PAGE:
The real threat to global security isn’t Donald Trump or his Make America Great Again platform. It’s another “Fortress Europe” defended by an army built by unelected bureaucrats and forced allegiance to their lordship.


References & Notes (not otherwise linked:

[1] Nations cannot protect refugees from the evils that they are fleeing, through multiculturalism and open borders.

[2] 3000 Australians took part in the air assault, a small contingent in the Royal Army and 500 served on board Royal Navy Ships. 14 Australians are known to have died. (source: Australian Department of Veterans Affairs)

Also published at The Caldron Pool, 18th November, 2018 under the heading, French President Emmanuel Macron wants to build a European army to oppose the United States:  How Emmanuel Macron used the Armistice Centenary to smear Trump and the memory of dead American soldiers.

Photo credit: Imke van Loon-Martens on Unsplash

©Rod Lampard, 2018

Who Are The Real Fascists?

November 13, 2018 — 1 Comment

If the facts cannot be squeezed into a meme the level of attention those facts receive is reduced. Attention to detail is overlooked for what will best attract a view, a like, a follow or a share. Information is seen purely as a commodity.

The problem is that when information is seen purely as a commodity, truth is easily compromised.

We don’t need to look any further than the internet. It’s now common place to log on and find someone accusing someone else of being a Nazi or a racist. This may have reached the status of cliché, and as such is easily dismissed. Nevertheless real concern should be given to it. Especially, when we’re bombarded with celebrity endorsed outrage, and articles written by professionals, (often falsely) equating their opponents with the National Socialists of the 1930’s, without qualification.

For example: in August 2016, a lecturer from Sydney University,  compared fair-minded conservative opposition to same-sex marriage, with the Nazi treatment of homosexuals. In addition, a student was reported to have been disallowed from presenting a case, linking examples of how anti-Israel sentiment, is linked to anti-Semitism. [source]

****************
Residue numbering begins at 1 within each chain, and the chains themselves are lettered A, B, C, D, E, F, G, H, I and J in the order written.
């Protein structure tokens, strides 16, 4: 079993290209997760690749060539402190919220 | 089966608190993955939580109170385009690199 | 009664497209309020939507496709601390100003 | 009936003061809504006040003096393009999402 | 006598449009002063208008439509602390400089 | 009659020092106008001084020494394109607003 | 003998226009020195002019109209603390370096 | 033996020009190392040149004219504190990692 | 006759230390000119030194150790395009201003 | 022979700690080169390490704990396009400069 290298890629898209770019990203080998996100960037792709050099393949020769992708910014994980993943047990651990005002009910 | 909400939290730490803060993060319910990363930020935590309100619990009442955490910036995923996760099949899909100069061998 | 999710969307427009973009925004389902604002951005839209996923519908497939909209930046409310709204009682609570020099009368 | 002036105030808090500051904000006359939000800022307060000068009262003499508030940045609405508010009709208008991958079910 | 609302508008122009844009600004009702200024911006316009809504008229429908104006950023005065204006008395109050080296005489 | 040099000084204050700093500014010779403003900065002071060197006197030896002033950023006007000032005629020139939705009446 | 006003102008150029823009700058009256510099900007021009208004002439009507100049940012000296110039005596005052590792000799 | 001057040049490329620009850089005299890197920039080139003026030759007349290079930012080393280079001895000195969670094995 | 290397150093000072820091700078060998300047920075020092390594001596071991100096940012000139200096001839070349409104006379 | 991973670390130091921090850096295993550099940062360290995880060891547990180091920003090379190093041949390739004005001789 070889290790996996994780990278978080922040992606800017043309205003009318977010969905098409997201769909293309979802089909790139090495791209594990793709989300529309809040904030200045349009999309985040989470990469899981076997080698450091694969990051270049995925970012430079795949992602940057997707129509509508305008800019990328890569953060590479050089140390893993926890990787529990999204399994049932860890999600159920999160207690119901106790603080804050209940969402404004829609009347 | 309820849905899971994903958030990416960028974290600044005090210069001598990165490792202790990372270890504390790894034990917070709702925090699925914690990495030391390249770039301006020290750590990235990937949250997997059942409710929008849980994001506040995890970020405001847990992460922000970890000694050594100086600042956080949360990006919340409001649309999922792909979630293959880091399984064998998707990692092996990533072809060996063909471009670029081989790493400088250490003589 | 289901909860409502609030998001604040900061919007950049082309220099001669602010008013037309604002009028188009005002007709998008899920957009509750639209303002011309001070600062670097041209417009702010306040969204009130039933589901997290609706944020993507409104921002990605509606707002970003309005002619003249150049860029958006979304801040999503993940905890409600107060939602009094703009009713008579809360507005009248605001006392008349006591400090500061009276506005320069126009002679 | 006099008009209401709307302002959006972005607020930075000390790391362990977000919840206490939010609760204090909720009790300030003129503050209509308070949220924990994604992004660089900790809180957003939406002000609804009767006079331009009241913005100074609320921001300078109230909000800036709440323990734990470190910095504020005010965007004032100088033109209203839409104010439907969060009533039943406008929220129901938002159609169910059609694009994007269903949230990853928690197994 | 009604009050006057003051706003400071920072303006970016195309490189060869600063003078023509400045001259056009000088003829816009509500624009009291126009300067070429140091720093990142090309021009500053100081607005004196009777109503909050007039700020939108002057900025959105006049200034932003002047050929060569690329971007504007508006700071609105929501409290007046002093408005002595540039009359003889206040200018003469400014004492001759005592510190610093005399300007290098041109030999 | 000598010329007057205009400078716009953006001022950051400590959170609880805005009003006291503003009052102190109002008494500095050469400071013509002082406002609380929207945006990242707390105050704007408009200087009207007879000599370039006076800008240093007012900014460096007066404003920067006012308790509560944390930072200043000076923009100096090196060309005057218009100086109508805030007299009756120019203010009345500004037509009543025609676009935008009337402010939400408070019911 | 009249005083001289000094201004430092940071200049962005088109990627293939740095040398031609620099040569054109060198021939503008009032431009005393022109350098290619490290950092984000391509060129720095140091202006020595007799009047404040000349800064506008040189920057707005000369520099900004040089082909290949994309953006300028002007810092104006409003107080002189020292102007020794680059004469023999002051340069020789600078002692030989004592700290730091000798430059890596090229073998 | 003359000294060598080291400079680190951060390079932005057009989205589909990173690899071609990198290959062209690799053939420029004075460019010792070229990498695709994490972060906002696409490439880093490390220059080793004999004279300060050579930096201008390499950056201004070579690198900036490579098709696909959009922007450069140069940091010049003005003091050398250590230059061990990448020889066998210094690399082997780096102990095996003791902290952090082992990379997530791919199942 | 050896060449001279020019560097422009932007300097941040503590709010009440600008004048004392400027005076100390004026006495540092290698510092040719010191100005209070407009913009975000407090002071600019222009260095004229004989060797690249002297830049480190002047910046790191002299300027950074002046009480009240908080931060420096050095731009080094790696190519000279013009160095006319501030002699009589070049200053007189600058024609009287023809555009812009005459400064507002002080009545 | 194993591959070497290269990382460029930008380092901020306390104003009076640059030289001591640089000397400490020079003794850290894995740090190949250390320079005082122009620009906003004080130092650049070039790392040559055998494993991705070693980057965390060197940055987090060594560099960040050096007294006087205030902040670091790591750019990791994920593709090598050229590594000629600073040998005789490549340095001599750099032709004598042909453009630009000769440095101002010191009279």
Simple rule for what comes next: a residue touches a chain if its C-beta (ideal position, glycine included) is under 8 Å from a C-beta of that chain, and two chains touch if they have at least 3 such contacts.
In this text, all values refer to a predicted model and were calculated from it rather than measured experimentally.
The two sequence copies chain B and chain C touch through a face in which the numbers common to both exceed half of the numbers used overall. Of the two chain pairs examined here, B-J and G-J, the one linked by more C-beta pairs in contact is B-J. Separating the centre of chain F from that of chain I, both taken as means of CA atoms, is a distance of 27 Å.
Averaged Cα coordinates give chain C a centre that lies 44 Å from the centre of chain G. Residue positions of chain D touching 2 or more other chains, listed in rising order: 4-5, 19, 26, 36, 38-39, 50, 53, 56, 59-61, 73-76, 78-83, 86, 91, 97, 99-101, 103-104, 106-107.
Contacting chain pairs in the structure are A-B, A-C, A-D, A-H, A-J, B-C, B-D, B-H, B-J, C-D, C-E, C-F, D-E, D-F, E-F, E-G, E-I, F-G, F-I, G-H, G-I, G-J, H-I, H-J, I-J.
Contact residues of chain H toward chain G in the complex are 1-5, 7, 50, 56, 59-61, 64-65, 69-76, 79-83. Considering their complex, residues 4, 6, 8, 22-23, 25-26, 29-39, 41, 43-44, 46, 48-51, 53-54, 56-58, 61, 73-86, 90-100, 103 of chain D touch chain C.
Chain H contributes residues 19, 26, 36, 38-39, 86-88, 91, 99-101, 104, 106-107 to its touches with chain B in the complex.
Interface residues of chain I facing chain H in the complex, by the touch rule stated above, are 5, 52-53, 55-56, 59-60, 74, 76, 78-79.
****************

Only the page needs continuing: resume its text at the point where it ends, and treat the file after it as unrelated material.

Historical comparisons made between present and past, should be measured for accuracy. Responsible self-criticism leads us to ask ourselves whether or not our opponent has a point. However, measuring the accuracy of our opponents claim shouldn’t stop with us. For it to be completely fair, the enquiry must also include the consideration of whether or not our opponents, are themselves guilty of doing the very things they’re accusing others of doing.

One good practice, when being likened to the Nazis, is reading material from those who’ve studied the historical context; the history of and the history associated with Nazism. Read those who’ve engaged with the primary sources, and who understand not just what the Nazis did, but how, and why, they did it.

It’s here that Thomas Doherty’s insightful and well researched 2013 book, ‘Hollywood & Hitler‘ shines:

Page 9, citing a PCA[i] report on the prohibition of the movie ‘All Quiet on The Western Front‘, Dec, 18, 1930:
“There is no doubt that this wave of intense national prejudice, which is for now going on, will continue and that any pictures, particularly foreign pictures, which offend the sensibilities of the National Socialists will be a signal for riots and demonstrations.’ [i]